Summer illnesses on the rise again

This summer, the heat is getting the better of Delhiites. With temperature soaring to a record 47.8 degree Celsius and transforming the city into an oven, cases of summer-related illnesses are also rising sharply.

Hospitals across Delhi/NCR are reporting a steady stream of patients coming in with heat stroke, heat exhaustion, cases of diarrhoea, jaundice, typhoid and skin problems.

Doctors are advising staying indoors and taking all precautions possible till the weather relents.

Dr Mukesh Mehra, Senior Consultant, Internal Medicine, Max Super Speciality Hospital, Patparganj, says, “There have not been as many cases of heat stroke which is an advanced condition, but complaints of heat cramps and exhaustion have gone up by at least 40 per cent in the past two months. These include school and college students, professionals who have to go out frequently and even children and the
elderly who stay at home.”

Classical symptoms include fatigue, headache, dryness of mouth and skin and cramps in the legs and abdomen.

In some cases hypothermia (fever), vomiting and altered behaviour are also experienced.

“This is a result of the body losing the capability to regulate its temperature by means of sweating, radiating heat from the skin etc.,” he explains, “At such times, the affected person must be rushed to a cooler environment and administered electrol.”

A bigger scare than heat exhaustion is food and water-borne diseases which peak during summer and monsoon.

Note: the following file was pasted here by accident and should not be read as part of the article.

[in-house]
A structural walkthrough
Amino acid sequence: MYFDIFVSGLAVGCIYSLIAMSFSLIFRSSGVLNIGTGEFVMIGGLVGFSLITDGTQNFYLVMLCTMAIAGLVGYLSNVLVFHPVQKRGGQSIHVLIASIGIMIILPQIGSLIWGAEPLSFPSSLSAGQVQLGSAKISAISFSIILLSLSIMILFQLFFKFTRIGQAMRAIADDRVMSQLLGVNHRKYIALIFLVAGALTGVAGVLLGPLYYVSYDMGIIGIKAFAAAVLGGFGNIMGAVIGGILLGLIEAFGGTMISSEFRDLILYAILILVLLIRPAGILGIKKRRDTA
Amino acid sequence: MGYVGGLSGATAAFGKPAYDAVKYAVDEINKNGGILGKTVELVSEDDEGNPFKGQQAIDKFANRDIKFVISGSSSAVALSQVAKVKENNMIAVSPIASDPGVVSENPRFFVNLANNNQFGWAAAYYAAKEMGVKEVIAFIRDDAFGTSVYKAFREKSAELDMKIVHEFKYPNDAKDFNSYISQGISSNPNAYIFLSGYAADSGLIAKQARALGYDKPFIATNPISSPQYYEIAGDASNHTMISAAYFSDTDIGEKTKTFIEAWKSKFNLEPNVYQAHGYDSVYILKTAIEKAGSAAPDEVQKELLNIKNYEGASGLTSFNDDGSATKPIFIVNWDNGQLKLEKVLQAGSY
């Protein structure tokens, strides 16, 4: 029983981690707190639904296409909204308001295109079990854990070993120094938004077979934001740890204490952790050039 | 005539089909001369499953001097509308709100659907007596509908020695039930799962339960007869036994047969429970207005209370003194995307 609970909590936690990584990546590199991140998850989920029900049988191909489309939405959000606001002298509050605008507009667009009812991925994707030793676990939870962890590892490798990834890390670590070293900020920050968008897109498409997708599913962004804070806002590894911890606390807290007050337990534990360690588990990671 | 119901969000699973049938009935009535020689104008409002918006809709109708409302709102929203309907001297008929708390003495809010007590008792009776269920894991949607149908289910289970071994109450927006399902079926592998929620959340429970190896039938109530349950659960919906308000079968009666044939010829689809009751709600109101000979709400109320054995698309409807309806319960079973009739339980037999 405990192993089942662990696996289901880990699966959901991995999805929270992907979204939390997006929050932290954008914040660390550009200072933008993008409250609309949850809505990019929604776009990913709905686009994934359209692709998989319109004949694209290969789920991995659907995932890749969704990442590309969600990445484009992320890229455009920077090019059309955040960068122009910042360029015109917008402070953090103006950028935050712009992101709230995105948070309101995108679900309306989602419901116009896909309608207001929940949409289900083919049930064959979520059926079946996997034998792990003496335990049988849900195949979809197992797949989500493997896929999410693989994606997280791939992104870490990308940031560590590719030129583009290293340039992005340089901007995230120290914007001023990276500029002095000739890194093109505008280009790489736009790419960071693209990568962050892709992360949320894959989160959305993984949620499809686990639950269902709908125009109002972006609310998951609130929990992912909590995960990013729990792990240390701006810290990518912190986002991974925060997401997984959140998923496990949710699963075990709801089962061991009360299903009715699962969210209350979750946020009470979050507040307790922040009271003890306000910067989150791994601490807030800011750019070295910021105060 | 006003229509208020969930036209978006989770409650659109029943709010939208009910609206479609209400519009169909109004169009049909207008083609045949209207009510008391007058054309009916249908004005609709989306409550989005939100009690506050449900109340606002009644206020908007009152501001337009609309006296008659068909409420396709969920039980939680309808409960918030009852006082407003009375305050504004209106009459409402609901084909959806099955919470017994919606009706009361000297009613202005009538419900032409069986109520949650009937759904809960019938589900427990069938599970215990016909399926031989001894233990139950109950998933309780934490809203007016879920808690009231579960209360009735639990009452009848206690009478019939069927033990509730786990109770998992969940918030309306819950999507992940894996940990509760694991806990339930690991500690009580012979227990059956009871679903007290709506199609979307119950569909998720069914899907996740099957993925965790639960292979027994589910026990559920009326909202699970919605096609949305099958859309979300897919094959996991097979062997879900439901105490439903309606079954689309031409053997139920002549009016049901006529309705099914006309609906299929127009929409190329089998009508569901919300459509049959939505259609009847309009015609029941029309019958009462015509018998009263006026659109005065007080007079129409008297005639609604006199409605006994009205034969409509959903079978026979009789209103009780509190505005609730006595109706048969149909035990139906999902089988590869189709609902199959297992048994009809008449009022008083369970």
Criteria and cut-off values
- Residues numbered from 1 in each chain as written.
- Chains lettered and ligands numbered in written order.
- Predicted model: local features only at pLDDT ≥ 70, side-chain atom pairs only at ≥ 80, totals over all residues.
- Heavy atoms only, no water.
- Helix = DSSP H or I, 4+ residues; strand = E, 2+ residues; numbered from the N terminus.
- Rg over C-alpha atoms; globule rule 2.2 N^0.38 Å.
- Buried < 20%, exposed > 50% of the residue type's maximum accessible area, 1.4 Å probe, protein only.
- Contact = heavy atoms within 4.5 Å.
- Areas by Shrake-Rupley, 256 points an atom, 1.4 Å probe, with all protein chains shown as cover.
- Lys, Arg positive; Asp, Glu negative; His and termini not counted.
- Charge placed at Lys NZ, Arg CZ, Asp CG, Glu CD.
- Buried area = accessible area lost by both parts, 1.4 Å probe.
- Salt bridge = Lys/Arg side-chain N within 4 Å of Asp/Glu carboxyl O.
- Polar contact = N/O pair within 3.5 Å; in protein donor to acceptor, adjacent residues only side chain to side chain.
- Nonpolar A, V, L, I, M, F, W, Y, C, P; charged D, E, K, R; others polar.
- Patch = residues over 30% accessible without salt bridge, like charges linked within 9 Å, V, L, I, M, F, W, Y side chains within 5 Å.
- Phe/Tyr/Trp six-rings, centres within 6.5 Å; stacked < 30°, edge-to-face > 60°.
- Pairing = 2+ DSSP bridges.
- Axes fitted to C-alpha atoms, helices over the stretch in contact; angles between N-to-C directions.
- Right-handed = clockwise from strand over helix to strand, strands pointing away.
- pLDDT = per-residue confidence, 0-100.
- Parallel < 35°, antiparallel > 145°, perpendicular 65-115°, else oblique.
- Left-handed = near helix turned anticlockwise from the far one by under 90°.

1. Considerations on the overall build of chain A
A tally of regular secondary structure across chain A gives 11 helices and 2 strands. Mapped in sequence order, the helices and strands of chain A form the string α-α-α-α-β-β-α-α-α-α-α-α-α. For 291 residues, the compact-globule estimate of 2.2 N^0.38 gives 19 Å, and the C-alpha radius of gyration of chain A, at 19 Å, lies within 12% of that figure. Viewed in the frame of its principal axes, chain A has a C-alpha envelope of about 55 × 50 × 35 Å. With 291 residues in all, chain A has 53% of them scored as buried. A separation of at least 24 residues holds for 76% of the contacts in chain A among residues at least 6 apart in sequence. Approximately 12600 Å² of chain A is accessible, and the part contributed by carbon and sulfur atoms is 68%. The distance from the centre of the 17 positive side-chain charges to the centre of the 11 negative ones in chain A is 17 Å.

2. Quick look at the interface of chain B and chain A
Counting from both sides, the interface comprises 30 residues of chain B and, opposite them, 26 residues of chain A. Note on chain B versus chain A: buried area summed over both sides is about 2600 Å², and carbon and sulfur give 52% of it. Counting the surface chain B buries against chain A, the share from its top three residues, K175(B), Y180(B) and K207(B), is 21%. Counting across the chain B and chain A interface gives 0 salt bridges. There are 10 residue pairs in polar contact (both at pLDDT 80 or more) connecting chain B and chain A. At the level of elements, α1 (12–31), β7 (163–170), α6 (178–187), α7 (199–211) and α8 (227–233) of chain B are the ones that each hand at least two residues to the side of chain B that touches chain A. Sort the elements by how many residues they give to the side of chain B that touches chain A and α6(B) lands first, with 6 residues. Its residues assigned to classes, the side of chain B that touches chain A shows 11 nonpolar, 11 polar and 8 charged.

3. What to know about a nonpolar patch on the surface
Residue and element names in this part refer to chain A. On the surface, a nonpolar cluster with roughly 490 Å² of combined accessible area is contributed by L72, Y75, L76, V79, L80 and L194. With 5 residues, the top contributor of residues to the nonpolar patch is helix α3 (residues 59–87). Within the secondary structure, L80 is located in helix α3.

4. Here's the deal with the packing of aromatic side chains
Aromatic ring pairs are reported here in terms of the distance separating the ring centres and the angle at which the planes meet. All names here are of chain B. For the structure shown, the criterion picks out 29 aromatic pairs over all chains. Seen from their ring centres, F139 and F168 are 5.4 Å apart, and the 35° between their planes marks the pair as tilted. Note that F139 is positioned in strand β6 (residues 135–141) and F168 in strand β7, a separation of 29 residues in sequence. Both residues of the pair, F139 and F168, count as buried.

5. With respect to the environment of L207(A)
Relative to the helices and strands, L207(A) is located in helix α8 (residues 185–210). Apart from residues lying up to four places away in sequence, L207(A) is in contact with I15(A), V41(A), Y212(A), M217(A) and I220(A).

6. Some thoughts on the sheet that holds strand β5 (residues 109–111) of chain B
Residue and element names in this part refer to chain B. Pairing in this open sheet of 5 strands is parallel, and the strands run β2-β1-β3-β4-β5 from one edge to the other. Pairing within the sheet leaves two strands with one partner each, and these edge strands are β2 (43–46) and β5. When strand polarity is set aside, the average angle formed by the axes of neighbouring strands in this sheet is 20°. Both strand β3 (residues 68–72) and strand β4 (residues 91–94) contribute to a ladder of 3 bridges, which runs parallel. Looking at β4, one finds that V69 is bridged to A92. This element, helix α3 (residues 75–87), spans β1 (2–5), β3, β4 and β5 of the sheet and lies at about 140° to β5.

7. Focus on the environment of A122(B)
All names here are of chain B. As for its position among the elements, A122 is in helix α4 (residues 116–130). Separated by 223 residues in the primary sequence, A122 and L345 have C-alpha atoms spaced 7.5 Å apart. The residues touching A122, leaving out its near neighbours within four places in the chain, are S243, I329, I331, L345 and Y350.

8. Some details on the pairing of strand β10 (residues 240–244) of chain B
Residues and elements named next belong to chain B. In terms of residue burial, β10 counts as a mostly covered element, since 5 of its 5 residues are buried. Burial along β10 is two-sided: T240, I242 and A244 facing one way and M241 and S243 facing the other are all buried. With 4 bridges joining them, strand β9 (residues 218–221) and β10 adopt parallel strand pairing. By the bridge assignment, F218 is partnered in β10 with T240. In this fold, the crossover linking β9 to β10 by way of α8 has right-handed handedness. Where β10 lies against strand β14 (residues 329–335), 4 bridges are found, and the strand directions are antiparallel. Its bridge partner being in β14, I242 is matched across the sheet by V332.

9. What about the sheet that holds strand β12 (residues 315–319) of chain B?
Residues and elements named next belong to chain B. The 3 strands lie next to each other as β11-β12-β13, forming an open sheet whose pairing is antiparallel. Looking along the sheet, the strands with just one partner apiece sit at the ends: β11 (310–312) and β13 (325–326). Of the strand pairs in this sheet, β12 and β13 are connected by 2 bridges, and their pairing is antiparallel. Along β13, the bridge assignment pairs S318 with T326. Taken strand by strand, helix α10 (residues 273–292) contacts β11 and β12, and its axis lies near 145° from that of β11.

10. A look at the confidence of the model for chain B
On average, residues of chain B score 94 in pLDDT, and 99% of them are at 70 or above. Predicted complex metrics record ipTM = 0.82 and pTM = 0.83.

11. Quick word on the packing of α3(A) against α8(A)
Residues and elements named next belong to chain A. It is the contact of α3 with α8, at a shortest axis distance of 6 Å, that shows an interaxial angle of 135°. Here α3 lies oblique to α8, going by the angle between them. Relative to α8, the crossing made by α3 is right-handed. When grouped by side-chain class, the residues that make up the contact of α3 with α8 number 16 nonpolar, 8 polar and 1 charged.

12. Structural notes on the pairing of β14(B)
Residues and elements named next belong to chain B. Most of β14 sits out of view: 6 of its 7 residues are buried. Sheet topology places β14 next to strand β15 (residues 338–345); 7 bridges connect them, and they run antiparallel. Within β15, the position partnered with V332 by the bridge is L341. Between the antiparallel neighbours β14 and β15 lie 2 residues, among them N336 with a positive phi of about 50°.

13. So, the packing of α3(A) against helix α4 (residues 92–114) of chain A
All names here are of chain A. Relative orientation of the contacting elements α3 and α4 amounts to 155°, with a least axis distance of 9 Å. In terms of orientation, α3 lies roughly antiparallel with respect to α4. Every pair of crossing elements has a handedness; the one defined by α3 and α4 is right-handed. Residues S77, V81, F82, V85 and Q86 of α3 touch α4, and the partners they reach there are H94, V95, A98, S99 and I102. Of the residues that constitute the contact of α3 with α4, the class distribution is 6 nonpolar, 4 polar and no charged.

At least 50 per cent of the patients flooding OPDs at this time are those with cholera, typhoid, diarrhoea and jaundice. Dr Naresh Gupta, HOD, Internal Medicine, LNJP hospital, says, “Firstly, with water scarcity setting in in summer, the quality of even piped water supplied at homes goes down.

Then people tend to drink nimbu-paani, shikanji, fruit juices etc. from roadside.

Ganne (sugarcane) ka juice is the biggest cause of gastroenteritis cases as it often has traces of faecal matter and is infected with E Coli.”

Taking lunch and adequate amount of water from home is an absolute must in this season, says Dr DS Chadha, Associate Director, Internal Medicine, Fortis Hospital, “Do not eat at roadside dhabas.

Avoid cut fruits, sauces and chutneys outside like the plague as they harbour the maximum amount of germs. Also, do not take caffeine and alcohol as they dry the body instead of cooling it down.”

Dr Atul Gogiya, consultant, Internal Medicine, Sir Ganga Ram Hospital says the children, elderly and those on medications must be even more careful not to let the heat get to them.

“The diabetic, those suffering from heart and kidney ailments are already weak and cannot regulate their body temperature as efficiently as normal persons can. They must stay indoors and continue to take as much fluid as possible.”

Doctors also caution against heat-related skin problems which annoy children
especially.

Dr Satish Koul, General Physician, Columbia Asia Hospital, Gurgaon, says, “Keep the head and body covered to avoid skin burns and blisters. Also, take bath twice a day to prevent fungal and bacterial infections arising from sweat. In times of loo (hot dry winds), it’s best to stay inside.”

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